GM have scrapped its plans to sell Vauxhall and Opel to Magna, surprising many industry analysts and angering the German government. GM cites “improving economic conditions” as its reason. It is also understood that the American car company had become anxious that the planned sale of Vauxhall and Opel could see the two car manufacturers competing against its former parent in high-growth markets such as Russia.

The decision comes as a relief to the British government and to workers at Ellesmere Port in Cheshire, where the Astra is manufactured. Business Secretary Lord Mandelson is understood to be prepared to offer loan guarantees of up to £400m in order to secure British jobs, meanwhile Germany’s Economic Minister, Rainer Bruederle, branded the decision as “totally unacceptable”. The German government had already provided a €1.5 billion bridging loan to GM and saw the sale to Magna and Sberbank, its Russian partner, as the best way to preserve German jobs.

Negotiations by Germany’s Chancellor Angela Merkel, caused controversy after her offer of €4.5 billion (£4.02 billion) in financial aid in return for the Magna deal and Lord Mandelson had complained to the European Commission warning it not to accept anything that looked like a “political fix or any linkage between aid and retention of jobs in any specific plant or country.”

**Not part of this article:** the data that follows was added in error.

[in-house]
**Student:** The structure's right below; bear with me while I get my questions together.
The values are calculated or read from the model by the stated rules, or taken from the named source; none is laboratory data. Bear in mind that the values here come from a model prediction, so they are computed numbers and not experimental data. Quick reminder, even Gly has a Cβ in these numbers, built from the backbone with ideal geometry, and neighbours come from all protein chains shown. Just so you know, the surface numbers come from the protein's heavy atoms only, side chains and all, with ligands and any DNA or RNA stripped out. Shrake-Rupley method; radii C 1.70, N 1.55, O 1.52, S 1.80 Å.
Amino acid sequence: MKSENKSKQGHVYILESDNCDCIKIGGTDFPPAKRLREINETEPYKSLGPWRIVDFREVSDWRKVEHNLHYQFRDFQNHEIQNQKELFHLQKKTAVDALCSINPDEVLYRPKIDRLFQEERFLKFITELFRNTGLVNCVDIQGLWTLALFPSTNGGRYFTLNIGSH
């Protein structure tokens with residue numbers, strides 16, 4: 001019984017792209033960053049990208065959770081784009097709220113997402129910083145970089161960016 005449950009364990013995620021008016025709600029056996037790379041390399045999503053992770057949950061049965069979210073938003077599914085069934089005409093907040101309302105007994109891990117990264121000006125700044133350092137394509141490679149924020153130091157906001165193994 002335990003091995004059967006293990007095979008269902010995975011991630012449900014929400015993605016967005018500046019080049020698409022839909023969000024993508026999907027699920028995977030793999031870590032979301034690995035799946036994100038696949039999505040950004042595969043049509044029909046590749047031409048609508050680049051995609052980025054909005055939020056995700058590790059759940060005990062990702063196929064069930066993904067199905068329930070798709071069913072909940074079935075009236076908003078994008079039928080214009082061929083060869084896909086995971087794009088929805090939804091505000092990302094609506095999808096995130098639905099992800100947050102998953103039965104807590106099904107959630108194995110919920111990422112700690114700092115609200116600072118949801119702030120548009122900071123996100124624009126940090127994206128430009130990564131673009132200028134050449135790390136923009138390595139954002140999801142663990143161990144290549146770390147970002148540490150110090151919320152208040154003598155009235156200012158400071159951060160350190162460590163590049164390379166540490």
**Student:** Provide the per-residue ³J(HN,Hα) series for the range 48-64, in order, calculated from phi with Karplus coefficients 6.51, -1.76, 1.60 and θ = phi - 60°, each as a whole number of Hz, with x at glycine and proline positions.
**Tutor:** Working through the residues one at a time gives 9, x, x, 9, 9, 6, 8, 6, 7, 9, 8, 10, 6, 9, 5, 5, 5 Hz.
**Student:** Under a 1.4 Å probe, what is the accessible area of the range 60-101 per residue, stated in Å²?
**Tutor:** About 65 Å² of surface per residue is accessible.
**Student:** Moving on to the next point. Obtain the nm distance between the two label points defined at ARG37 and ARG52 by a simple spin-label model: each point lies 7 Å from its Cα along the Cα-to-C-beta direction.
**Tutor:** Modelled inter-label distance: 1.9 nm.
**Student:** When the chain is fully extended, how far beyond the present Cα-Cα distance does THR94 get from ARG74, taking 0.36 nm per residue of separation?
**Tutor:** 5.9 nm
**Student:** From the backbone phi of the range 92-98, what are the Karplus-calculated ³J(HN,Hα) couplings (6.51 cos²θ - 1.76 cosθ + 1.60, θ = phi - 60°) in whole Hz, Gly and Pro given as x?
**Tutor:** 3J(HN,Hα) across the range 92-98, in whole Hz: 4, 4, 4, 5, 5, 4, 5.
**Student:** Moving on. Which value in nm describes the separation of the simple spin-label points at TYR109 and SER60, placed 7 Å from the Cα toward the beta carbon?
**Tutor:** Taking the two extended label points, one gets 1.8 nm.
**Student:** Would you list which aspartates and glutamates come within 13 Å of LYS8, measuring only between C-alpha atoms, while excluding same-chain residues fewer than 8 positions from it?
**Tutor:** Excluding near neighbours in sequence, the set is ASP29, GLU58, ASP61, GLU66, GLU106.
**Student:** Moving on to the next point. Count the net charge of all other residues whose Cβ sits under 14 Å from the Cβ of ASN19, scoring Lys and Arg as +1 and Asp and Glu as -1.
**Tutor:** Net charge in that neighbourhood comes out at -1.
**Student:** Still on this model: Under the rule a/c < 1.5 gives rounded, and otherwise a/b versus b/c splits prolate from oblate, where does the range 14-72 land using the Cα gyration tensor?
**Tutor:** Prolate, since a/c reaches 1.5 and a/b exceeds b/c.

Siegfried Wolf, Magna’s joint chief executive, said last night, “We understand that the board concluded that it was in GM’s best interests to retain Opel.” He added that “Magna will continue to support Opel and GM in the challenges ahead.”

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Written By

Steve Davies

Steve is an investor, private equity advisor and former Partner at KPMG, PwC and Bain.   Most importantly he's a life-long car enthusiast, mountain biker and active sports enthusiast. He designs and builds technology platforms and is the architect behind Transmission.

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